Be honest about the future. When I entered medical school, my fiance and I were both honest that we likely wanted to get married after I finished medical school, and that helped the both of us have a clearer timeline and know that we were both in it for the same reasons. This helped us both pour energy into making our relationship thrive because we had the motivation and there was a point to which it would progress.  

Tip #4: Have healthy coping mechanisms

There are times you’re going to burn out in medical school. And regardless of whether your partner is in medical school or not, they will have their own things happening in their lives that affect them. Make sure that you have healthy coping mechanisms when it comes to dealing with school and that you both are able to deal with the constant daily struggles without letting it affect your relationship. 

One thing that I strongly believe in is having an external support system. I love keeping my medical school friends involved in my life because there’s nothing quite like going through things with your peers. Although my fiance hears many of my medical school complaints, I can’t expect him to have all the answers for me, as he is not going through it with me. Having that external support system keeps me sane and keeps me from putting the burden of all my complaints on my fiance.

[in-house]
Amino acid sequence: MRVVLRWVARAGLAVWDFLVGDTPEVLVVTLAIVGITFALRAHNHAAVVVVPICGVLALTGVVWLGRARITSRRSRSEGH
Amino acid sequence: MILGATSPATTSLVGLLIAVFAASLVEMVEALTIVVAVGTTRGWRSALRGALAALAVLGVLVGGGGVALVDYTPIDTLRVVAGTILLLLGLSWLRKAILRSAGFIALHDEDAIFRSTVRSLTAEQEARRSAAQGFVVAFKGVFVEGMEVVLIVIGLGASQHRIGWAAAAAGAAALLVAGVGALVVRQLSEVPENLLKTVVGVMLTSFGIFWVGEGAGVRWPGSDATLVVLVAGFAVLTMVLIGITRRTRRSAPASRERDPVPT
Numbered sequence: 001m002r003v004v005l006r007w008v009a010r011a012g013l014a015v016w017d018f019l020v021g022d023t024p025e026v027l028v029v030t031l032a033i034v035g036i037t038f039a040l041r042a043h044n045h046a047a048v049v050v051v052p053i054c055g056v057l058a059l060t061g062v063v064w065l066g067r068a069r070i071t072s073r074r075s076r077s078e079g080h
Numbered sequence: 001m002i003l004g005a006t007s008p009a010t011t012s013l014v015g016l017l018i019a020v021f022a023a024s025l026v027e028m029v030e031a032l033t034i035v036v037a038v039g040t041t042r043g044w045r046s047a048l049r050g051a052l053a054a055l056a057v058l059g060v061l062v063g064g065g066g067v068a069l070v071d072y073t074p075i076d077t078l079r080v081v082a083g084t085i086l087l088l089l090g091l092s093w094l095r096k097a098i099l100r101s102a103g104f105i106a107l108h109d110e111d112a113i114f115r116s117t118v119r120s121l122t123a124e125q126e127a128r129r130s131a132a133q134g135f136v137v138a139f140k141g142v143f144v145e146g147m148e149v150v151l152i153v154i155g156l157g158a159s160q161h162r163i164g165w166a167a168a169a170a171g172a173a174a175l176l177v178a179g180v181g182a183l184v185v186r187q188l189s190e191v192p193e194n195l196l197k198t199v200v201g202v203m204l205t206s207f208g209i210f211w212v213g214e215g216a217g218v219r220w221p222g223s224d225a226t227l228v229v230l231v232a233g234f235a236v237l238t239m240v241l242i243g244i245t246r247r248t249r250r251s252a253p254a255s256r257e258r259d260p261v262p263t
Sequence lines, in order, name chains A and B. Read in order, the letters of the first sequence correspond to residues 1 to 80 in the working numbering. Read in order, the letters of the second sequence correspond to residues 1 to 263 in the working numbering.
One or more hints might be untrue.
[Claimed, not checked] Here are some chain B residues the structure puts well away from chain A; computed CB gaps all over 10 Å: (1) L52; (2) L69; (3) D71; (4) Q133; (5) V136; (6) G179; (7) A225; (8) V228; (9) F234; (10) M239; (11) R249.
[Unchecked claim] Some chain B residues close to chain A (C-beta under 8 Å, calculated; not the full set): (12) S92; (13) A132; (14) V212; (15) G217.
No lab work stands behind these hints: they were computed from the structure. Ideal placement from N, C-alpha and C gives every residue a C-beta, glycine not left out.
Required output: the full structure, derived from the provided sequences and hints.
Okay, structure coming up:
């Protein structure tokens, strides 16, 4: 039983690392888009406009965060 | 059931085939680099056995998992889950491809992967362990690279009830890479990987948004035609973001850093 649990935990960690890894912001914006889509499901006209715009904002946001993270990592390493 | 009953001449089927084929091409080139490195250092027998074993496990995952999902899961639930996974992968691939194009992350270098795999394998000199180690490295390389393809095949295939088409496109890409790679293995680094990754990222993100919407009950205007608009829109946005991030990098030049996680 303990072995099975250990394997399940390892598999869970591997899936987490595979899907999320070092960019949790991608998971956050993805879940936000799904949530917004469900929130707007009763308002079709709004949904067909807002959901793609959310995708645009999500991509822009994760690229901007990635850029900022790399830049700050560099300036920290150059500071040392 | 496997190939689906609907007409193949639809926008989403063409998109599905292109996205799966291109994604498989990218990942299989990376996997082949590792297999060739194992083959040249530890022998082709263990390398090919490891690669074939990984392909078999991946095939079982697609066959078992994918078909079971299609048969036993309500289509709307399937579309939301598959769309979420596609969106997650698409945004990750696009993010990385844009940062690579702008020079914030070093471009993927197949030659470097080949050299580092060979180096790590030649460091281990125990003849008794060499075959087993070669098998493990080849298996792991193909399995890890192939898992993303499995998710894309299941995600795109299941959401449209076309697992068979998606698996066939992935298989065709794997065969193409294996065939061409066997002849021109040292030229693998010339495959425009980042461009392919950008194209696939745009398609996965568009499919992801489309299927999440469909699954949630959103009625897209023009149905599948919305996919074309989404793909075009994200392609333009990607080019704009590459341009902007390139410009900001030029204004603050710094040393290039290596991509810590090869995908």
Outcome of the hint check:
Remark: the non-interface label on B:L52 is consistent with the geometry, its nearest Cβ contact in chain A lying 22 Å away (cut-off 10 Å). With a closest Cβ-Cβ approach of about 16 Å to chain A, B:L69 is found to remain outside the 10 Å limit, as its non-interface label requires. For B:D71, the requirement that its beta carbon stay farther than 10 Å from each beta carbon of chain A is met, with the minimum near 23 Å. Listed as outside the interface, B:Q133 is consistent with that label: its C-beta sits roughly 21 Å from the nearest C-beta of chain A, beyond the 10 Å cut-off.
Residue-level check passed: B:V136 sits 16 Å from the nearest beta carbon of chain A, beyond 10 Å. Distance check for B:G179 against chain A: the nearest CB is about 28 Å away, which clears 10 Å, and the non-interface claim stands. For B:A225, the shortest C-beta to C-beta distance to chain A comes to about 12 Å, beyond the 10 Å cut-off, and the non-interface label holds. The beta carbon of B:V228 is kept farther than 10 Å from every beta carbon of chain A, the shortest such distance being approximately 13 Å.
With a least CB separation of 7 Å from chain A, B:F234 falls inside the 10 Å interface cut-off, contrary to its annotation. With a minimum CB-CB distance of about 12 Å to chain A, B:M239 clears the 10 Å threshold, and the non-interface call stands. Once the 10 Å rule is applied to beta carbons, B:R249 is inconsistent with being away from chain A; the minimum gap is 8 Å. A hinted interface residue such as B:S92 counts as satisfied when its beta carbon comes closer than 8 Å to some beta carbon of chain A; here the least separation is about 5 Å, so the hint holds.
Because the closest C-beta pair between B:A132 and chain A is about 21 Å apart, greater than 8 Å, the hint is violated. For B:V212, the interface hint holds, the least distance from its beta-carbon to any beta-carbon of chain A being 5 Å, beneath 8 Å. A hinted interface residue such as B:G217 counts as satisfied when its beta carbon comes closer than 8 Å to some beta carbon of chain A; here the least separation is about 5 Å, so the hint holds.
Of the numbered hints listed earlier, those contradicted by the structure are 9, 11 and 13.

Tip #5: Make priorities

The studying quite literally never stops. You could study forever if you let yourself. Know when to stop yourself and when to give your attention to your partner. You have to be able to draw that line and create those priorities for that person or it will never work, and vice versa! If your relationship is a priority in your life it deserves its own time.